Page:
In Uruguay there is caution against a record of dengue on the border with Brazil

In Uruguay there is caution against a record of dengue on the border with Brazil

In the south of Brazil, near the border with Uruguay and where thousands of compatriots take advantage of their vacations, there were records of dengue infections. The febrile disease that the Aedes aegypti mosquito usually transmits in the region is at its peak when it is hot and rainy. The rise in temperature before the summer season, as well as some neglect after the covid-19 pandemic, made in Rio Grande do Sul (bordering state) 66,741 infected were reported.

The covid-19 pandemic may have left part of the population somewhat bored with epidemiological information, but Aedes aegypti did not take leave. That led to the Brazilian Ministry of Health warned at the end of the year about the increase in transmission and the record number of deaths: 987 in the last year, 66 of which were in the state bordering Uruguay.

Diego Pintado, Rocha’s departmental director of Health, told El Observador that “in Uruguay for now there has not been a jump in cases”. According to the hierarch, “the more than 200 kilometers that separate the city of Santa Victoria from the capital of Río Grande act as a natural barrier” that prevents the rapid spread of the virus. That is to say: “the mosquito is found in Uruguay, but a priori not infected… the few cases that are found from time to time tend to be mostly imported (people who traveled and returned).

Until the end of October, and prior to the rise in temperatures, the Pan American Health Organization had reported that Uruguay detected 60 cases of dengue so far this year, 19 of which had been confirmed by the laboratory (the highest number since 2015), according to the online platform Plisa.

The lower border mobility had meant that Uruguay almost did not report imported dengue in the two years of health emergency. During that period, there were epidemics in Paraguay and northern Argentinabut Uruguay had almost no reports of new infections.

Given the increase in cases at the border, is the Uruguayan Ministry of Public Health taking any action? It is not known. So far, there have been no public campaigns like in pre-pandemic years. And the General Directorate of Health refused to respond to the query directly and requested a formal procedure (which can take up to 40 business days to respond).

The infectologist Alexandre Naime Barbosa, vice president of the Brazilian Society of Infectious Diseases, told the Zero Hora newspaper, from southern Brazil, that the numbers indicate that there was a neglect in the prevention of the disease. “The count has not yet finished completely because there are 100 more deaths that are under investigation and the record has already been broken. It is the worst year of dengue” since the infection was detected.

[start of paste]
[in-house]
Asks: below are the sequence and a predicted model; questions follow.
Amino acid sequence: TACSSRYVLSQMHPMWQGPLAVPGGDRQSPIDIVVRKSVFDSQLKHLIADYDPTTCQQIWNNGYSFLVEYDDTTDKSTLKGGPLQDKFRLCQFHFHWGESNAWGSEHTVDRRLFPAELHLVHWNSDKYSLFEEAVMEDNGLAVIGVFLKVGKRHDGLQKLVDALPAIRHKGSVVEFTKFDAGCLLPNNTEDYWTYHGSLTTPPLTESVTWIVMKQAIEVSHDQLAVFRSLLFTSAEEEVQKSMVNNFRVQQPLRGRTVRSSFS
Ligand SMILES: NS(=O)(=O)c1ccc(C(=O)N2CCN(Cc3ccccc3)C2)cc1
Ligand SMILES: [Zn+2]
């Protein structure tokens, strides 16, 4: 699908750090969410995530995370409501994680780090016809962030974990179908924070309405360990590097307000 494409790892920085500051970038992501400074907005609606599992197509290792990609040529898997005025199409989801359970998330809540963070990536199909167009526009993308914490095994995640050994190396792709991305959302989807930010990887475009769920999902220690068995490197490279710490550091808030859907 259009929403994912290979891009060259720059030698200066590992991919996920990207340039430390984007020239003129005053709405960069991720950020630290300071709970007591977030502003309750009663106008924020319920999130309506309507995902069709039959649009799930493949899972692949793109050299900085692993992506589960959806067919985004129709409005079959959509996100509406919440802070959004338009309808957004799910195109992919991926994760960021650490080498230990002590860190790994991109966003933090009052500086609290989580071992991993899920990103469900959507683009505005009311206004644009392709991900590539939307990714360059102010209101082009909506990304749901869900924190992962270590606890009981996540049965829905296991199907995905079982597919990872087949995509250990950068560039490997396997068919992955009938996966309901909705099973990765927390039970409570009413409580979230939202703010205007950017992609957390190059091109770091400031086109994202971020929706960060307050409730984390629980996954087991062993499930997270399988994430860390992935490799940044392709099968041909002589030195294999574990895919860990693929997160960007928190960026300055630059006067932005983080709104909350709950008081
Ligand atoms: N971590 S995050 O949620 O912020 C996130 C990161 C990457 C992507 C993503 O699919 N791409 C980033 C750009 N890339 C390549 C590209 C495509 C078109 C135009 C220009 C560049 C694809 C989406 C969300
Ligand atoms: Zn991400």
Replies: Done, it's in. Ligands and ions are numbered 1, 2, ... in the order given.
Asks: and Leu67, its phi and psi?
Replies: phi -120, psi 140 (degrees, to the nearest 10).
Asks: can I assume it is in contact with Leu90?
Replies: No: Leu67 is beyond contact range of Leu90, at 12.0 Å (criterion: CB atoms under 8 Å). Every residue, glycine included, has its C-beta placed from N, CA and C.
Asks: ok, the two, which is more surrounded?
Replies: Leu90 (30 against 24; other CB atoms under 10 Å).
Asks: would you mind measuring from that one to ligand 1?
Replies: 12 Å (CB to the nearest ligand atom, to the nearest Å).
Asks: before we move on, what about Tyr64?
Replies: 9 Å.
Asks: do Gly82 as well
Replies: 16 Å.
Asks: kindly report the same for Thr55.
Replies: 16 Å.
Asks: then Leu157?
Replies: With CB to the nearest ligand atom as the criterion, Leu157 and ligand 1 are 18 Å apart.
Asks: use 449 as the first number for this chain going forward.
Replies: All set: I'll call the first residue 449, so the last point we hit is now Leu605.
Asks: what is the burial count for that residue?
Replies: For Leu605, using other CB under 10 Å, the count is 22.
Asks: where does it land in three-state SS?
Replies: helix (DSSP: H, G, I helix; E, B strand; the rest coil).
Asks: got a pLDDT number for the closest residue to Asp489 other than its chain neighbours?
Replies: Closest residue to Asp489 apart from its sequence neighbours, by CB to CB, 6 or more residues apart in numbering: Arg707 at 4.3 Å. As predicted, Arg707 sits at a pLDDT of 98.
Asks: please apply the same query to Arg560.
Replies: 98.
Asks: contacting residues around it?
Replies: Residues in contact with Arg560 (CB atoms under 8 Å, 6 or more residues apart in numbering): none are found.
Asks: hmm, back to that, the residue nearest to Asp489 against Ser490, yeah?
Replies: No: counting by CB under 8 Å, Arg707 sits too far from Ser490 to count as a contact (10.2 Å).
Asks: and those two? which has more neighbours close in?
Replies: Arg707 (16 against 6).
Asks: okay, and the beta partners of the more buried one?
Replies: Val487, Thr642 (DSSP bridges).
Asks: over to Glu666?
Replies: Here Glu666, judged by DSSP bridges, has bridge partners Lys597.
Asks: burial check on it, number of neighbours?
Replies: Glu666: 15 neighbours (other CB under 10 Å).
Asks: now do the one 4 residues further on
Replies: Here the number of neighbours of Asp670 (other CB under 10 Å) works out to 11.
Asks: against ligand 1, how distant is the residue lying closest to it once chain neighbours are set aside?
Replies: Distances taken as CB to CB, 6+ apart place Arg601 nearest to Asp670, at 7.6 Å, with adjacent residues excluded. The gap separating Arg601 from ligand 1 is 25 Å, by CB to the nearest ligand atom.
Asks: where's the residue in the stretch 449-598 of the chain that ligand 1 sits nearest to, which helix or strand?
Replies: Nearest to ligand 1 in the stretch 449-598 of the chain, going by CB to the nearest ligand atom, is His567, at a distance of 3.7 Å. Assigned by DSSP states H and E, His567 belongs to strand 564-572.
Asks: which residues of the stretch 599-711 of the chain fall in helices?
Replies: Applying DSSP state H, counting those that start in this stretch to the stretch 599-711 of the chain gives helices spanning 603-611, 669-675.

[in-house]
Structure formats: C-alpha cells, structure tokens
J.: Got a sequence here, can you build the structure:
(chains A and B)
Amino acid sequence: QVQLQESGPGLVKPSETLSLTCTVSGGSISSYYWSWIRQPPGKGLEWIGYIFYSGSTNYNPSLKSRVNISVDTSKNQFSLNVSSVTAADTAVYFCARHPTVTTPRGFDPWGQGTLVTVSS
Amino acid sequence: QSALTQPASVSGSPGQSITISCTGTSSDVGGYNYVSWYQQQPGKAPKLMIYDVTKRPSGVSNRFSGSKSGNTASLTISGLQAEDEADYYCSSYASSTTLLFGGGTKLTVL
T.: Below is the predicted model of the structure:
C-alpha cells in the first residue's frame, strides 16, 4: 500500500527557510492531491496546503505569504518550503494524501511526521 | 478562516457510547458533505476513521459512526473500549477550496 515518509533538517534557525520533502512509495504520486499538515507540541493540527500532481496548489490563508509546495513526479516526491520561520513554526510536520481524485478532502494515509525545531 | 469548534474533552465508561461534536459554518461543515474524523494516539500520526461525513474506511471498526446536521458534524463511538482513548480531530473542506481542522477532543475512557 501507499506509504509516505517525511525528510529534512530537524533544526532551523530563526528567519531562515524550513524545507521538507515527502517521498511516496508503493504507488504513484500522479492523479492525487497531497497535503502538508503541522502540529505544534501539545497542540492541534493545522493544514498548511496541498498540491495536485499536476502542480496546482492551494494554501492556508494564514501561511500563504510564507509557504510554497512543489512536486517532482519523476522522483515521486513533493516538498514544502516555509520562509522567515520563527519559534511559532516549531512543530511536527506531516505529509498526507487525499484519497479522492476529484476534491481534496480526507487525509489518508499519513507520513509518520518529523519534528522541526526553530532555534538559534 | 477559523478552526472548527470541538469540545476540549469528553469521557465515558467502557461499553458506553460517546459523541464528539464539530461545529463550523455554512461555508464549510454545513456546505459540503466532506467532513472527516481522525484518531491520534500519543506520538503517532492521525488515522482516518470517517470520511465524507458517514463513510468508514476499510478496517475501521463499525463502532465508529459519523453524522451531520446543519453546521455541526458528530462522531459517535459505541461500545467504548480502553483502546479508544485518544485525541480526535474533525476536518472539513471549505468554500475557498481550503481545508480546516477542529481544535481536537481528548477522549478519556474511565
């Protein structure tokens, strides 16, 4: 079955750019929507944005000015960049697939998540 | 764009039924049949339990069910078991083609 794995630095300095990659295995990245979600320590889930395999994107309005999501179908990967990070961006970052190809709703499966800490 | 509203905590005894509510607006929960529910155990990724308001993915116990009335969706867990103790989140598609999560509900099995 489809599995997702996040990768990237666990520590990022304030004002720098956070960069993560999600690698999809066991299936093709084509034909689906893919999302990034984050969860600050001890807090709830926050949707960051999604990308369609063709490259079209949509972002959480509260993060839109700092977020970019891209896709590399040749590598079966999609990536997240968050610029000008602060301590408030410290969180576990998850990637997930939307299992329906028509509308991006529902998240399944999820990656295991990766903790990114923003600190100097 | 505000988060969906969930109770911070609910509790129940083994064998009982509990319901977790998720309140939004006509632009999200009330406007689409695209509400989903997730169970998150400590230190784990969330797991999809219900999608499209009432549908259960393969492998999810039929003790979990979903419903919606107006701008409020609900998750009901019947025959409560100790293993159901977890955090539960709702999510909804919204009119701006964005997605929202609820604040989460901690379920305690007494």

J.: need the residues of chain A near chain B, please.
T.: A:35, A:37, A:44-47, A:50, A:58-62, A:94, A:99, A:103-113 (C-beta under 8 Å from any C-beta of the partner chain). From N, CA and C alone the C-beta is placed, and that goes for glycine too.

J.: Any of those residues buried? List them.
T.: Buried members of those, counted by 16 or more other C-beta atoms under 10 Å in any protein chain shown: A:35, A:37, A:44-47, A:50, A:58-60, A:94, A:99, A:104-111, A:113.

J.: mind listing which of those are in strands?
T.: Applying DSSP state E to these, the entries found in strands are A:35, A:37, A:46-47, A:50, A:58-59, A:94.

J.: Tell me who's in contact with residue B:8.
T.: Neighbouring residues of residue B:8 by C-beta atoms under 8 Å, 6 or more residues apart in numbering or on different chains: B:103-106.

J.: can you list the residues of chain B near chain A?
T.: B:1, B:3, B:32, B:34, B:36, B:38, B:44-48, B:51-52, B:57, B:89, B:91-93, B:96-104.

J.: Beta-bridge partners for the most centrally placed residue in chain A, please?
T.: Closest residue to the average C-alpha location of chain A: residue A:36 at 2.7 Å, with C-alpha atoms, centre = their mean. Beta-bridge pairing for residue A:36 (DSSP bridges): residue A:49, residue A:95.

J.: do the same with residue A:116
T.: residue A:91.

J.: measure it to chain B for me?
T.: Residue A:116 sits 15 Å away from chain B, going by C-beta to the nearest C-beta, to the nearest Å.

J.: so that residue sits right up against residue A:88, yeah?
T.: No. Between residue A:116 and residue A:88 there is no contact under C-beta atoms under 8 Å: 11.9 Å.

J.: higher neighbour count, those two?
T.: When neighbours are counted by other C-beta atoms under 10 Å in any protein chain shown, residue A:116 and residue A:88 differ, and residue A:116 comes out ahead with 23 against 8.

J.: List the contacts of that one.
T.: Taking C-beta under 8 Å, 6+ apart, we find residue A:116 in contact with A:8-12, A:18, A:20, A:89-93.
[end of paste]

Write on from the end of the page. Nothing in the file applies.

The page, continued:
The increase in dengue occurred hand in hand with other infections that use the same vector: chikungunya and zika.

In Latin America and the Caribbean, dengue became known at the end of the 18th century, produced extensive epidemics in the Caribbean and in the coastal cities of the southeastern United States in the 19th century, until it became a global problem in the 20th century. From the 40s and 50s there was a progression of the disease from the Caribbean to the rest of the countries. The armed conflicts, from the Second World War, in addition to the intensification of commercial transport, created the conditions for dengue to reappear.

The first case of severe dengue, known as dengue hemorrhagic fever, was described in 1954 during an epidemic of the disease in the Philippines and Thailand. In Latin America and the Caribbean, the disease regained notoriety due to the 1981 dengue hemorrhagic fever outbreak in Cuba, followed by the second major outbreak that occurred between 1989 and 1990 in Venezuela; milestones that indicated the progressive spread of the disease as an emerging phenomenon in the region.

The accumulation of water that does not circulate is one of the preferred places for infected mosquitoes to lay their larvae and leads to an increase in viral circulation. For this reason, in addition to preventing contact with mosquitoes through the responsible use of repellent, the recommendation remains the same: “Water that you do not have to drink, let it run.”

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